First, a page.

As the number of COVID-19 cases skyrockets like New Years Eve, Prime Minister Scott Morrison remains optimistic for Australia in 2022.
In his New Year’s message, Mr. Morrison referred to the optimistic spirit of Australians.
“This is why despite the pandemic, despite floods, fires, persistent drought in some areas, cyclones, closures, even mouse plagues, Australia is stronger today than it is. ‘was a year ago. And we’re safer, “he said.
“We have one of the lowest death rates and the highest COVID vaccination rates in the world.”
He added that having one of the strongest advanced economies in the world to go through COVID has also given confidence to what lies ahead.
Opposition Leader Anthony Albanese was also positive in his brief New Year’s message, while acknowledging that 2021 has been “really tough” with people often isolated for long periods of time.
“So let’s hope that 2022 will bring health and happiness to everyone and a much easier time. Happy New Year.”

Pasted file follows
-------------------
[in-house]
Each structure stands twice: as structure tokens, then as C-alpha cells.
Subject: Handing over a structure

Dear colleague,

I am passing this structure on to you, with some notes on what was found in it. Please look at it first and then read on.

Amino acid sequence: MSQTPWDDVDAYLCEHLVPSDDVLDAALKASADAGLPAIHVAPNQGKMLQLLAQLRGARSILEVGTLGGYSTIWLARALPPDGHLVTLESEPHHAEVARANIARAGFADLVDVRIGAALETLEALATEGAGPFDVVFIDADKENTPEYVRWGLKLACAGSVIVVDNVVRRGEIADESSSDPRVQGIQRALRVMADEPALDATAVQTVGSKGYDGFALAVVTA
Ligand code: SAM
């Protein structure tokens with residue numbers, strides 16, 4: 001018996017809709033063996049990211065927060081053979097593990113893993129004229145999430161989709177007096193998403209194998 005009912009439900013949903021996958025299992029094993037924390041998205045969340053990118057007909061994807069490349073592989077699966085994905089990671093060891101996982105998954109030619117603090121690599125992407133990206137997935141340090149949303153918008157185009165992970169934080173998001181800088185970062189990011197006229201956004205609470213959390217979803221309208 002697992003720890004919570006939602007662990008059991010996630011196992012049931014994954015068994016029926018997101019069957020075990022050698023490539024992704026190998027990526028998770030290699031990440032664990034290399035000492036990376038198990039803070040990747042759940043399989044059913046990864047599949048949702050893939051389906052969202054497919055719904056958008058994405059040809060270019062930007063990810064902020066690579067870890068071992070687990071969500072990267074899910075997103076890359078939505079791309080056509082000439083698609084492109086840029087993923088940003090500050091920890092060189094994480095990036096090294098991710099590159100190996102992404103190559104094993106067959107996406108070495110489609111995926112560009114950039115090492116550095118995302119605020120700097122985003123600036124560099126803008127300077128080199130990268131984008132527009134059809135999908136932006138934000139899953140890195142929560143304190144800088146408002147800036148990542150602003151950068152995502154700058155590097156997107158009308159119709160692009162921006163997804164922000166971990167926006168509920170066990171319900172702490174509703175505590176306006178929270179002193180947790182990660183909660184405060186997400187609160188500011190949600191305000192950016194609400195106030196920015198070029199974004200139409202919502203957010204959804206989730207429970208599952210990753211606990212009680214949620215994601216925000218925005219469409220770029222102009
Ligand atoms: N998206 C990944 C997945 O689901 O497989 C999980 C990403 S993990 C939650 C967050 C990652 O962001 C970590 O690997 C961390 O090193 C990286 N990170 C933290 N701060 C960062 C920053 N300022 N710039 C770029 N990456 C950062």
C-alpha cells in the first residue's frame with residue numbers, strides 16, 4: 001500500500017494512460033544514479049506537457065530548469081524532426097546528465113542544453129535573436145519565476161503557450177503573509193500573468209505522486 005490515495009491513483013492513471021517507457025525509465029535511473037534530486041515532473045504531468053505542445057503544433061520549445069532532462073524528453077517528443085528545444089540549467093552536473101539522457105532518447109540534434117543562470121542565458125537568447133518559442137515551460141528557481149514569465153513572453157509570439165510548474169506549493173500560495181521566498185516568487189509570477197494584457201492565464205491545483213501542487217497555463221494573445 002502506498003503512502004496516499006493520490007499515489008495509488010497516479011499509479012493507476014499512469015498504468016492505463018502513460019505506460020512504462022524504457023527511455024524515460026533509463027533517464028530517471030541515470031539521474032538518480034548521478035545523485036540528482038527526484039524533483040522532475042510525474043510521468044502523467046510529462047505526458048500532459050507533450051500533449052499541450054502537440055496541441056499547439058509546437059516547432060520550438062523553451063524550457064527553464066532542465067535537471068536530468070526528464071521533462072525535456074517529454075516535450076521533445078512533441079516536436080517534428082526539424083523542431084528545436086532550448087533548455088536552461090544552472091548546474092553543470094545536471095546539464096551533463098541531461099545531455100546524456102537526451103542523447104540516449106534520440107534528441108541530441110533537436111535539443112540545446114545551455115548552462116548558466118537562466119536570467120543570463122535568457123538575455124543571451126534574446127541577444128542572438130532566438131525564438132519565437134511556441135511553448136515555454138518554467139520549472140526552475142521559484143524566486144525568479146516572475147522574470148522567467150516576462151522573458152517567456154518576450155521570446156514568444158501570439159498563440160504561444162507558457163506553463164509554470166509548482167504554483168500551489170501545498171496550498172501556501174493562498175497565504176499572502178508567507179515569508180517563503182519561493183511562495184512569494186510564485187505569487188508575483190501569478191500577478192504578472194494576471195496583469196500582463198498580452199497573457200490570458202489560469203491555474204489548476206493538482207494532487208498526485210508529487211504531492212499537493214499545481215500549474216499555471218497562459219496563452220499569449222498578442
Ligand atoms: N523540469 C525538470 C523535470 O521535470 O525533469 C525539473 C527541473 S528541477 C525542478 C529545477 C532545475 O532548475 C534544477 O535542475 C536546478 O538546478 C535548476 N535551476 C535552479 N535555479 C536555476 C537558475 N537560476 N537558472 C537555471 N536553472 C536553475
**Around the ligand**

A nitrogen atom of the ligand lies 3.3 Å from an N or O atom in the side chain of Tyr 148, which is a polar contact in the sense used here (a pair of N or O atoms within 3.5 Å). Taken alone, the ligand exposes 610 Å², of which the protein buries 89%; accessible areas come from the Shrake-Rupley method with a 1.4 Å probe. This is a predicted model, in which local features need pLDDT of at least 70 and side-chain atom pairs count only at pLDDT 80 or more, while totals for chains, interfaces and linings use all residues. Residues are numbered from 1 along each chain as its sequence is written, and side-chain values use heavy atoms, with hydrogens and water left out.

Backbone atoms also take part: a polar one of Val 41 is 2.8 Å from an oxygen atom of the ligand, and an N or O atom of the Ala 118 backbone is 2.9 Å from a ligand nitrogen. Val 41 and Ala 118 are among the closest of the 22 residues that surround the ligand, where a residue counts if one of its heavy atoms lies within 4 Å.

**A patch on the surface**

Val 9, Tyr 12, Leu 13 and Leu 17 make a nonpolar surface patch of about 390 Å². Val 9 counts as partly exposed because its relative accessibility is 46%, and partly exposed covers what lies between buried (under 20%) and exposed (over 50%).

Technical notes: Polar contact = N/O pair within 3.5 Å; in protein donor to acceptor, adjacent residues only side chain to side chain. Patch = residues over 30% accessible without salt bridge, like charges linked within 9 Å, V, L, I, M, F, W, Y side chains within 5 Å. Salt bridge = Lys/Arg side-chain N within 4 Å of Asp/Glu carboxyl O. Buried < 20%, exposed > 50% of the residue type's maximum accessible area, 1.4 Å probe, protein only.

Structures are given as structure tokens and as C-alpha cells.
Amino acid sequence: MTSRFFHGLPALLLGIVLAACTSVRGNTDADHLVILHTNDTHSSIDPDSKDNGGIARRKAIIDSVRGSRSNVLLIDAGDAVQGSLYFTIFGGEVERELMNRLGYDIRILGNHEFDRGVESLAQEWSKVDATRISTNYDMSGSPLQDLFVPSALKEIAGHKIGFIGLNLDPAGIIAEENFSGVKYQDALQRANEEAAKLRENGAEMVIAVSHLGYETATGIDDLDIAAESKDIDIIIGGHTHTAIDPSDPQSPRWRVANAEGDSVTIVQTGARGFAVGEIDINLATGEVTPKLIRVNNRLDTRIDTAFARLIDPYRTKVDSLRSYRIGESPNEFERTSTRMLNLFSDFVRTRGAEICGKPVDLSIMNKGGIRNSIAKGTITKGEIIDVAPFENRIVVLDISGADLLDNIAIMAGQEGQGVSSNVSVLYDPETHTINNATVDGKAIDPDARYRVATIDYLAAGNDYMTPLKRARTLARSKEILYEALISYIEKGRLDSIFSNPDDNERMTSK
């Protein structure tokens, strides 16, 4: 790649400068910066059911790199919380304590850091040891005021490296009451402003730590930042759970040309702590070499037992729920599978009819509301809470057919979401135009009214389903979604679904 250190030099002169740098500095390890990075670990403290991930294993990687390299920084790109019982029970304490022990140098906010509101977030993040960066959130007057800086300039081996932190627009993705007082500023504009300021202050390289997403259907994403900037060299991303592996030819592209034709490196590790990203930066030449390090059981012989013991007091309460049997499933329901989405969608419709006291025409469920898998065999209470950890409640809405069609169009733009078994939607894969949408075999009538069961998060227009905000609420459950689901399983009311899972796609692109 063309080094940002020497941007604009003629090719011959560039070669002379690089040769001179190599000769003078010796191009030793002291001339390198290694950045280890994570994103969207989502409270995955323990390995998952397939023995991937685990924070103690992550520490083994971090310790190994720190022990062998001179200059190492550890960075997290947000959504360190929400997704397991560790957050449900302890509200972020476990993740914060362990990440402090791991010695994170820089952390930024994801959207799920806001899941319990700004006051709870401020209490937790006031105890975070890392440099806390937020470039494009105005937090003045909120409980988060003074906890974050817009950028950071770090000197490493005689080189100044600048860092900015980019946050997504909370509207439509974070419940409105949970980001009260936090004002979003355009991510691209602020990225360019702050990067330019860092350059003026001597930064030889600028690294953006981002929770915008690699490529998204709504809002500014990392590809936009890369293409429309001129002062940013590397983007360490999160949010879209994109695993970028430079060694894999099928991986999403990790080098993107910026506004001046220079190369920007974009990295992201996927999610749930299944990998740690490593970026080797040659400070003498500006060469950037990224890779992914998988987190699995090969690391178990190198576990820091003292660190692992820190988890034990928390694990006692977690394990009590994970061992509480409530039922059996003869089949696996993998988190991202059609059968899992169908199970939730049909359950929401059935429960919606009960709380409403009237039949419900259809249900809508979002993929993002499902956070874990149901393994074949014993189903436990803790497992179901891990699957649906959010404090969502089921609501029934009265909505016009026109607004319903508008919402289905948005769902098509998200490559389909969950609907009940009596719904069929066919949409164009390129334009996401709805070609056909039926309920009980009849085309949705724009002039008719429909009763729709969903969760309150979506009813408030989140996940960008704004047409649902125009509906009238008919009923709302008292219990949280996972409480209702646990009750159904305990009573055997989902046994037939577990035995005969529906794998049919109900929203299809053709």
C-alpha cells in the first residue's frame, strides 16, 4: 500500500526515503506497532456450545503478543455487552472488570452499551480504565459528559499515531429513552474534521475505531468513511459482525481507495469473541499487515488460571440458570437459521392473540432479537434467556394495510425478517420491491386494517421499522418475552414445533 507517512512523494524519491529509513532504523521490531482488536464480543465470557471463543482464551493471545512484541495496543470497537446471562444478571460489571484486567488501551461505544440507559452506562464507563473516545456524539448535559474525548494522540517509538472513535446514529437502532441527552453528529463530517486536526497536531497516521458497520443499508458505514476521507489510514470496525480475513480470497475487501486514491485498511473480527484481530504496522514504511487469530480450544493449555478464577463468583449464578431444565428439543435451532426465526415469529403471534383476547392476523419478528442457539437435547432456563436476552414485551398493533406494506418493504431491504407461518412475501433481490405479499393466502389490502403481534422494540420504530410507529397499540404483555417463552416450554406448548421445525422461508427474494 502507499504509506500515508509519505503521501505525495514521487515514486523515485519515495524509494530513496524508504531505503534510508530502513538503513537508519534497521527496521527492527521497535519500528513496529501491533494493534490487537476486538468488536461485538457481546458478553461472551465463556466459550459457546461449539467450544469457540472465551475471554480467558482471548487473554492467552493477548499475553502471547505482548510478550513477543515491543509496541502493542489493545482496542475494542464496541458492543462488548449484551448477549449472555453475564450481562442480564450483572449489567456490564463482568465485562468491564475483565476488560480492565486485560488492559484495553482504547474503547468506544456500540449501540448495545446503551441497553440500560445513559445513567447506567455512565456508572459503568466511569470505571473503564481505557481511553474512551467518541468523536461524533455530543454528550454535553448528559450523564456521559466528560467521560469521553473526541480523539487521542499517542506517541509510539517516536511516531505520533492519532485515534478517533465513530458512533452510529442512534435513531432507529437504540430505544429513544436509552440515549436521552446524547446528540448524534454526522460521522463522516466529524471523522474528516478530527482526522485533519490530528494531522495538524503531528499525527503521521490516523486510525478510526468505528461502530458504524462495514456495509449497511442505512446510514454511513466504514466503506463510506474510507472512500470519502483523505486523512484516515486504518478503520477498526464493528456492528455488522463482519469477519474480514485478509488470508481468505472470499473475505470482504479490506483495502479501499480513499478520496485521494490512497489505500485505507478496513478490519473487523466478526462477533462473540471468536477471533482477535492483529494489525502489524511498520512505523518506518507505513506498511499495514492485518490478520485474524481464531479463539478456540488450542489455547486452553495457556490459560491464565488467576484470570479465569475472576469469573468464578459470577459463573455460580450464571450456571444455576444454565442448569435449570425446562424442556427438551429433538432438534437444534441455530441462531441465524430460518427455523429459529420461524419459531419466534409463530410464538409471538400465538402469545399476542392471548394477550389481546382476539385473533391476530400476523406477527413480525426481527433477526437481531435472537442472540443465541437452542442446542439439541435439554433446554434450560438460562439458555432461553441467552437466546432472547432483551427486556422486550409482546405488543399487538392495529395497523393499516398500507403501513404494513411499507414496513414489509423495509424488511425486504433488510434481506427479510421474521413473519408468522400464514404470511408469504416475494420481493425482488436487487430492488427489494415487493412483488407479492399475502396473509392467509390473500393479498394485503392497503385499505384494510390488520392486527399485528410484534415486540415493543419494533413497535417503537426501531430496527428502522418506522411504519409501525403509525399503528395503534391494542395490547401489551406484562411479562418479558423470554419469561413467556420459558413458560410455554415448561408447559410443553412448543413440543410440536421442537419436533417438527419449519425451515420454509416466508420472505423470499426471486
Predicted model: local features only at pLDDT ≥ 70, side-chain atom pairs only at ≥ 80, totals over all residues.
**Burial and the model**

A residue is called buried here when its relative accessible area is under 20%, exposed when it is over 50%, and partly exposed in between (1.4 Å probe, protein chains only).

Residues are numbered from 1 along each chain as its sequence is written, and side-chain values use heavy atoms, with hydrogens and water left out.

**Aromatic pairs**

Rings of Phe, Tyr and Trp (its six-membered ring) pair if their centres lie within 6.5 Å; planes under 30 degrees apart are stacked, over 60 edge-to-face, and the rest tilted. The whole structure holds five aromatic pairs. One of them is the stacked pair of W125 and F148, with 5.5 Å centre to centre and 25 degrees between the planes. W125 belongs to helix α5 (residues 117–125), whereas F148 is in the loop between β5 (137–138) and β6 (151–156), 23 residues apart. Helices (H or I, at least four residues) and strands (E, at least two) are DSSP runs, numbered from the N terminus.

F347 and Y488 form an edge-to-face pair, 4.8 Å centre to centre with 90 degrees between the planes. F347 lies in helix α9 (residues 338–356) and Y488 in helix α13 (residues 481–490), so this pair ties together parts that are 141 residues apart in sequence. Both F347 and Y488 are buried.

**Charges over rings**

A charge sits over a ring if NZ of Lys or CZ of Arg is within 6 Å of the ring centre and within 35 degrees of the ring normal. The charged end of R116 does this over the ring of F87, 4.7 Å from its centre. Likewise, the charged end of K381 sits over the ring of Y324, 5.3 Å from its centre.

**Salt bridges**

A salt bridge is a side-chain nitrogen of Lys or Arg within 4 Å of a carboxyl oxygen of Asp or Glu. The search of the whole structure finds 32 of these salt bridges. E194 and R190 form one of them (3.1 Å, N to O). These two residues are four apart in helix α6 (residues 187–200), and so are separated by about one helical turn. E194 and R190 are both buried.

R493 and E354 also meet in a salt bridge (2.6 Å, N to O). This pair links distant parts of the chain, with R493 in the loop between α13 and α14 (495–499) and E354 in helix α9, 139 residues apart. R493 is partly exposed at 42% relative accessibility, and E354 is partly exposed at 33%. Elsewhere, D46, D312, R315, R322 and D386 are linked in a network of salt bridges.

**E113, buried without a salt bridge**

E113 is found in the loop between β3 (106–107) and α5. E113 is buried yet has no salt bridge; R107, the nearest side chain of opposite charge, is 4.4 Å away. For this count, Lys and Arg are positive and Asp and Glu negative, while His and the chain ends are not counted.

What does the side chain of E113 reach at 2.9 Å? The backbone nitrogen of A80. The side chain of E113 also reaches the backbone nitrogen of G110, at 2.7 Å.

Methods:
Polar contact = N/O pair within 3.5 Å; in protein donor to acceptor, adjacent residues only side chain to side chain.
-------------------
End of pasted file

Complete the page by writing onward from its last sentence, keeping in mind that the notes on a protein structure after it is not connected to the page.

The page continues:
Their messages on the last day of 2021 arrived as the nation recorded nearly 33,000 new cases of COVID-19 for the last 24-hour benchmark.
There was room at the paid lookout points next to Sydney Harbor to watch the city’s internationally renowned New Year’s fireworks, with many choosing to stay COVID-free, away from the crowds.
While the number of crowds was well below a million and above in previous years, the demonstrations were not reduced, with six tons of fireworks launched overnight.
Despite the pandemic and the sweltering heat for most of the day, tens of thousands of people still flocked for New Years celebrations in Melbourne.
The midnight fireworks display on the Bolte Bridge wowed the crowds, with cheers and applause from those happy to see the rear of 2021.
Temperatures peaked at 37.3 degrees at 6 p.m., but it was mild 25.4 degrees for the first fireworks display and dropped to 22.9 degrees by midnight.
Adelaide has also sweated in the New Year with temperatures in parts of the city reaching 40C in the afternoon, as city plans have been scaled back due to COVID.